This article is part of Sister Michelle Watson’s deep dive into the concept of “deny yourself” (Mt. 16:24, Mk. 8:34, Lu. 9:23, 3 Ne. 12:30).
If there’s one value that Americans cherish above all others, then I’m going to say it’s freedom. The pilgrims arrived here in search of religious freedom, and our founding fathers broke from Britain because they wanted political, social, and economic freedom. For decades, individual Americans have enjoyed the freedom to pursue any life path they choose.
There is no doubt about it. We put a premium on personal freedom. Modern society will do almost anything to ensure a person’s right to free choice — to choose whether or not to terminate an unborn life, to choose one’s gender identity, to choose whether or not to end one’s own life with medical aid. People ask, “Why should someone else’s beliefs affect or limit how I live my own life?” They assert, “I have the right to live however I choose, the pursuit of happiness.”
Since self-denial — my pet topic this year — is next of kin to contradictory concepts like submission, sacrifice, and self-abasement, how does it intersect with the idea of personal freedom, which is largely about doing whatever you want whenever you want however you want?
I find some real clarity in Paul’s letters, especially the parts where he explains why Christians are under the “law of liberty” rather than the Old Testament law. In the past, faithful Jews abided by laws that governed nearly every aspect of daily life. When Christ came, He fulfilled the law. So, instead of a mile-long checklist of do’s and don’ts, He simply said, “Love God. Love your neighbor.” It’s a higher law, and I’m supposed to rely on God’s Spirit to guide me in the details (see Galatians 5).
Paul says again and again that Christians have liberty — back then, the hot topics were circumcision, eating meat offered to idols, etc. — but they shouldn’t use that liberty to sin or tear others down.
There are times when it’s right and proper for me to sacrifice some of my personal liberty in order to show love to others. That means I can’t do whatever I want whenever I want however I want.
Rom. 14:13 says let “no man put a stumblingblock or an occasion to fall in his brother’s way,” and verse 19 continues, “Let us therefore follow after the things which make for peace, and things wherewith one may edify another.”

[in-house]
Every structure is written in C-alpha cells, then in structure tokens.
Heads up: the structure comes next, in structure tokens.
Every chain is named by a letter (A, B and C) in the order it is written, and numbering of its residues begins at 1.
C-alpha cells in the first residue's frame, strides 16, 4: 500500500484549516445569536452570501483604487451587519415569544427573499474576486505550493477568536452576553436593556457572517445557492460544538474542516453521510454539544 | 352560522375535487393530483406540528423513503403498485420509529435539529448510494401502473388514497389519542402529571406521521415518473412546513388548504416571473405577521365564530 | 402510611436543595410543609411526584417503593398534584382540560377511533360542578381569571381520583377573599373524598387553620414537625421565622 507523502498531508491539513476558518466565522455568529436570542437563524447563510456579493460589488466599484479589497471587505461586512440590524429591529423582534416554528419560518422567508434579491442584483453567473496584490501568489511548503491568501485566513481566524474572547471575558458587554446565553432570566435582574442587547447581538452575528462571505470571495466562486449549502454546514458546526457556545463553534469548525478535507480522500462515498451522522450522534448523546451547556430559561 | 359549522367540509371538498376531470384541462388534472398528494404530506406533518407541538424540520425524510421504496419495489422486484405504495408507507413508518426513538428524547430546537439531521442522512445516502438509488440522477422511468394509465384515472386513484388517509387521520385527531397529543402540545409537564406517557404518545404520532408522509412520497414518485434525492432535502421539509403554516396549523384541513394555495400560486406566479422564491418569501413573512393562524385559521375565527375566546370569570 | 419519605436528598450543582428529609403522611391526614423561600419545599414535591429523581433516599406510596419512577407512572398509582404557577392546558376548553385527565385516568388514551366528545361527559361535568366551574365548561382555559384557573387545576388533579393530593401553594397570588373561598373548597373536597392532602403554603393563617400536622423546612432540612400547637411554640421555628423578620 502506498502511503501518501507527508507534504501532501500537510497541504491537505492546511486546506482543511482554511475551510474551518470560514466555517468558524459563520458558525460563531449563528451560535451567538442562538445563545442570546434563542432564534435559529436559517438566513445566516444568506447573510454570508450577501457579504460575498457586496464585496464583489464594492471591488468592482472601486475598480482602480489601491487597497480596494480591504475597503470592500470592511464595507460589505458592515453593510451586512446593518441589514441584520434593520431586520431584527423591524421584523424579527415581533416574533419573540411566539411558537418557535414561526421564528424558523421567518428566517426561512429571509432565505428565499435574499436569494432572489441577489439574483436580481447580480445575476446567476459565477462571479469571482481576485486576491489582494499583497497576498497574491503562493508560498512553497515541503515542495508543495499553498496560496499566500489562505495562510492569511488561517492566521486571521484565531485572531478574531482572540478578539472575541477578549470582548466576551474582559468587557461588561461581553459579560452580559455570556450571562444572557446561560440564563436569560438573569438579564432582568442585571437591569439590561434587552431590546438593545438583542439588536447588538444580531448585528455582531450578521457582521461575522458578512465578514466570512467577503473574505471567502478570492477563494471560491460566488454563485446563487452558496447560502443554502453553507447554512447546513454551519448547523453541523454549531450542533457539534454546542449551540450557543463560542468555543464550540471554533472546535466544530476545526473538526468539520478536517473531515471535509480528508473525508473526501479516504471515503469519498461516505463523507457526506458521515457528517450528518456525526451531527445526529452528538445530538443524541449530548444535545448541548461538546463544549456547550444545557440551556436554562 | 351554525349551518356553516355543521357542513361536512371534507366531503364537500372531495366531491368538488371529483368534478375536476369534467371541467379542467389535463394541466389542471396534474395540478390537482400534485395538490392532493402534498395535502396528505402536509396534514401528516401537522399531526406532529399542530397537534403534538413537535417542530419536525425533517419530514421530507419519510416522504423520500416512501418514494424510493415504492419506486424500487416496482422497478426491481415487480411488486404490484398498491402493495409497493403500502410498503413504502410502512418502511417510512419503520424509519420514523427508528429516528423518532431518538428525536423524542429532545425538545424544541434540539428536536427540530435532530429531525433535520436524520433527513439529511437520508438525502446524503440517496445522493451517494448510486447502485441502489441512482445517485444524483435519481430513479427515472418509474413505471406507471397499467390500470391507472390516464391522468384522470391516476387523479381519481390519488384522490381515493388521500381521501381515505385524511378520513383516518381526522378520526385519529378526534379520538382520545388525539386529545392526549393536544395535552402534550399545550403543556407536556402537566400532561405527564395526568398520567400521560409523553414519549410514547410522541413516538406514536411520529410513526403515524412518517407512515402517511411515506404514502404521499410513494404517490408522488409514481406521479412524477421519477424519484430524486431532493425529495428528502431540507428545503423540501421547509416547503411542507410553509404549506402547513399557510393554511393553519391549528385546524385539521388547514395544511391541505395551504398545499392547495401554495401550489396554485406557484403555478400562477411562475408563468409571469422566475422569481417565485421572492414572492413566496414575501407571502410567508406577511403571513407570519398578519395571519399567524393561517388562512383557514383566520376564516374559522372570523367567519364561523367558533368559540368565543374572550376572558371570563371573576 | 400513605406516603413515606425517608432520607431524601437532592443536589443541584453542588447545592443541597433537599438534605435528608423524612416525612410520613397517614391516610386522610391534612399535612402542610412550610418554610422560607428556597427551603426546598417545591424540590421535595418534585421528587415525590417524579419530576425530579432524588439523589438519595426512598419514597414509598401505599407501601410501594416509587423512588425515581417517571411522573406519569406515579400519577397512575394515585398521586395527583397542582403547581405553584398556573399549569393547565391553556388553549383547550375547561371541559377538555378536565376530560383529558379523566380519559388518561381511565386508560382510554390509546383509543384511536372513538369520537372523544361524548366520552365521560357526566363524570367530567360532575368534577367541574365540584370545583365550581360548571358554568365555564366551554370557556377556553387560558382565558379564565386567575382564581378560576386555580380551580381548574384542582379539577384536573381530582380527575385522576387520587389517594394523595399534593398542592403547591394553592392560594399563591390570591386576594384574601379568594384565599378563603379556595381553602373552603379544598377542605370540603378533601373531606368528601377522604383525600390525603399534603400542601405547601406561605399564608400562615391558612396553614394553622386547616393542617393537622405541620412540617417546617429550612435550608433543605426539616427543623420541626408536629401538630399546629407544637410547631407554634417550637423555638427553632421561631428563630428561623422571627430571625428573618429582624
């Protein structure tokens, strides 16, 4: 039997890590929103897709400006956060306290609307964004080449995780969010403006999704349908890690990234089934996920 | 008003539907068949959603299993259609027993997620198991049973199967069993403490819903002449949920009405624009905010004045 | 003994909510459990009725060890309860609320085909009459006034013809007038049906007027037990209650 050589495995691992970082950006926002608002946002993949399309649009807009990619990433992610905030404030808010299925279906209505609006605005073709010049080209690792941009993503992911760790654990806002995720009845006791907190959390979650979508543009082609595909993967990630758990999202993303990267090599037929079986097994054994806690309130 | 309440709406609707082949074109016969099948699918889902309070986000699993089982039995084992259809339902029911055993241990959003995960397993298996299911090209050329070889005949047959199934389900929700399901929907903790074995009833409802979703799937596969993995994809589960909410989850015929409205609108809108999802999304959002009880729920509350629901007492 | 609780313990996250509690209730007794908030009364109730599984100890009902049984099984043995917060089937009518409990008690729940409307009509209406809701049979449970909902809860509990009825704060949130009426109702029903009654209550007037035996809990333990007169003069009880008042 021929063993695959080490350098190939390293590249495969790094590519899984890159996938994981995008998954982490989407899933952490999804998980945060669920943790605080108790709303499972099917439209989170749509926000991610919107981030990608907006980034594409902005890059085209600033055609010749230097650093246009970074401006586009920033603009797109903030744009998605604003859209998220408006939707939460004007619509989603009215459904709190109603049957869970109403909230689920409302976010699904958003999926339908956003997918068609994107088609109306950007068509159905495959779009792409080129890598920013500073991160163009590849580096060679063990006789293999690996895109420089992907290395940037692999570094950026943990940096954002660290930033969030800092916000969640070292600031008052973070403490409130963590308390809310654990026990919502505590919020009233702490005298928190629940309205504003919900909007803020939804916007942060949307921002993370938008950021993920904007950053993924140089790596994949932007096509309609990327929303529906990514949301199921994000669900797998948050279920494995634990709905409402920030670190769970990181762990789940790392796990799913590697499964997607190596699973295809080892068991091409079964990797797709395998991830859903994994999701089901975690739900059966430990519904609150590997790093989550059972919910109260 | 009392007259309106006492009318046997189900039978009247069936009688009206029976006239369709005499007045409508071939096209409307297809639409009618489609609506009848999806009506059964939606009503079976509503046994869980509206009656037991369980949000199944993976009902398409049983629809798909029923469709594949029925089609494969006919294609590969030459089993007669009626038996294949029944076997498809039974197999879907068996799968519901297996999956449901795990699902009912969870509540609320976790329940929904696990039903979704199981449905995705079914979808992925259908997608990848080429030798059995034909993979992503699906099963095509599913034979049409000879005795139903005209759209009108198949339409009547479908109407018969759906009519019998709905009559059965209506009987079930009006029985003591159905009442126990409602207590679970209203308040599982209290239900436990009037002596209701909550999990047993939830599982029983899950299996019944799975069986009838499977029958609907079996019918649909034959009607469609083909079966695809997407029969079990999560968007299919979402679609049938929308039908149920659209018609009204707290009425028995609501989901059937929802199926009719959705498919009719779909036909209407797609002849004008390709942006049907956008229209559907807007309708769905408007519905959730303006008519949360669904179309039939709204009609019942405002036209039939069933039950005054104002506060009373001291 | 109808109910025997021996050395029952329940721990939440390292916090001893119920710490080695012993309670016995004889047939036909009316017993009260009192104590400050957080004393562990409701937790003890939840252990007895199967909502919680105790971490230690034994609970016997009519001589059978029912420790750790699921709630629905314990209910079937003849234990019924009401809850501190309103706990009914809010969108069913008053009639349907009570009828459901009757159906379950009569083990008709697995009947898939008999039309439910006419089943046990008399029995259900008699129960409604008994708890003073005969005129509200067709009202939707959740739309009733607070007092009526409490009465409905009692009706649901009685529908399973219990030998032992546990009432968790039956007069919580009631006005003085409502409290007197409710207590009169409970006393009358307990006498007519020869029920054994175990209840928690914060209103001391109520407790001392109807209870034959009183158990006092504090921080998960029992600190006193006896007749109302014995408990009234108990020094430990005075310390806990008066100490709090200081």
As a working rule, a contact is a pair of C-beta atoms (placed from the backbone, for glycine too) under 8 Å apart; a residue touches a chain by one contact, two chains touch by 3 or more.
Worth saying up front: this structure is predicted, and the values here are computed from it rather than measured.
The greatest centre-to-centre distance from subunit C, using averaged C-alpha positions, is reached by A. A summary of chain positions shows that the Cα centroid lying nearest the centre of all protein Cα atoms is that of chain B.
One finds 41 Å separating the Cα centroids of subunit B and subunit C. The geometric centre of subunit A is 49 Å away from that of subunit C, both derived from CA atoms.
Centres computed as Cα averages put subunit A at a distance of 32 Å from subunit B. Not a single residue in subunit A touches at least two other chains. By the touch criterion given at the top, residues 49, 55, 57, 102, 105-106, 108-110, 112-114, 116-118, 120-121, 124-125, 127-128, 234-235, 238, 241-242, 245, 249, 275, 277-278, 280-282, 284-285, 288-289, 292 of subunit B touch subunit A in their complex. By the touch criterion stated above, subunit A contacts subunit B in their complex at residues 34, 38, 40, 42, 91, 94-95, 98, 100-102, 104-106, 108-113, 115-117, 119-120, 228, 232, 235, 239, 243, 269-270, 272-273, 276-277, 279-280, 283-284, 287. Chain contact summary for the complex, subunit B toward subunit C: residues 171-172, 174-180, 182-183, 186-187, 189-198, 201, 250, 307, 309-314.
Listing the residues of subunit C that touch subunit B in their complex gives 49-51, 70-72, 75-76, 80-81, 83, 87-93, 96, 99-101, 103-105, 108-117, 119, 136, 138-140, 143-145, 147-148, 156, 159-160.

Take dancing. Let’s say that I dance to Vacation Bible School music, doing the hand motions for the kids. I have liberty to do this, right? But if I go to a questionable nightclub and dance in a provocative way with a man who isn’t my husband, then I sure hope my branch leadership schedules a teacher’s visit pronto. I have the freedom to do one but not the other.
Here’s another example. I’m at a restaurant with another brother and sister from church, and they do not believe that any form of dancing is OK. If the weekend band strikes up a tune, then I’m not going to pull my husband onto the dance floor in front of this couple.
I know that these examples are kind of weak — maybe you can think of better ones and write them in the comments. But here are some scriptures that I think give awesome advice when it comes to how I should handle the personal liberty God gives me.
1 Cor. 8:9 – “But take heed lest by any means this liberty of yours become a stumblingblock.”
Gal 5:13 – “For, brethren, ye have been called unto liberty; only use not liberty for an occasion to the flesh, but by love serve one another.”
1 Peter 2:16 – “Not using your liberty for a cloke of maliciousness, but as the servants of God.”
Yes, it’s great that I get to make a lot of my own choices as a Christian, but if I don’t know when to yield my personal freedoms to God’s people or God’s higher laws, then I’m missing a big piece of the pie. What do you think?
This article has undergone ministry review and approval.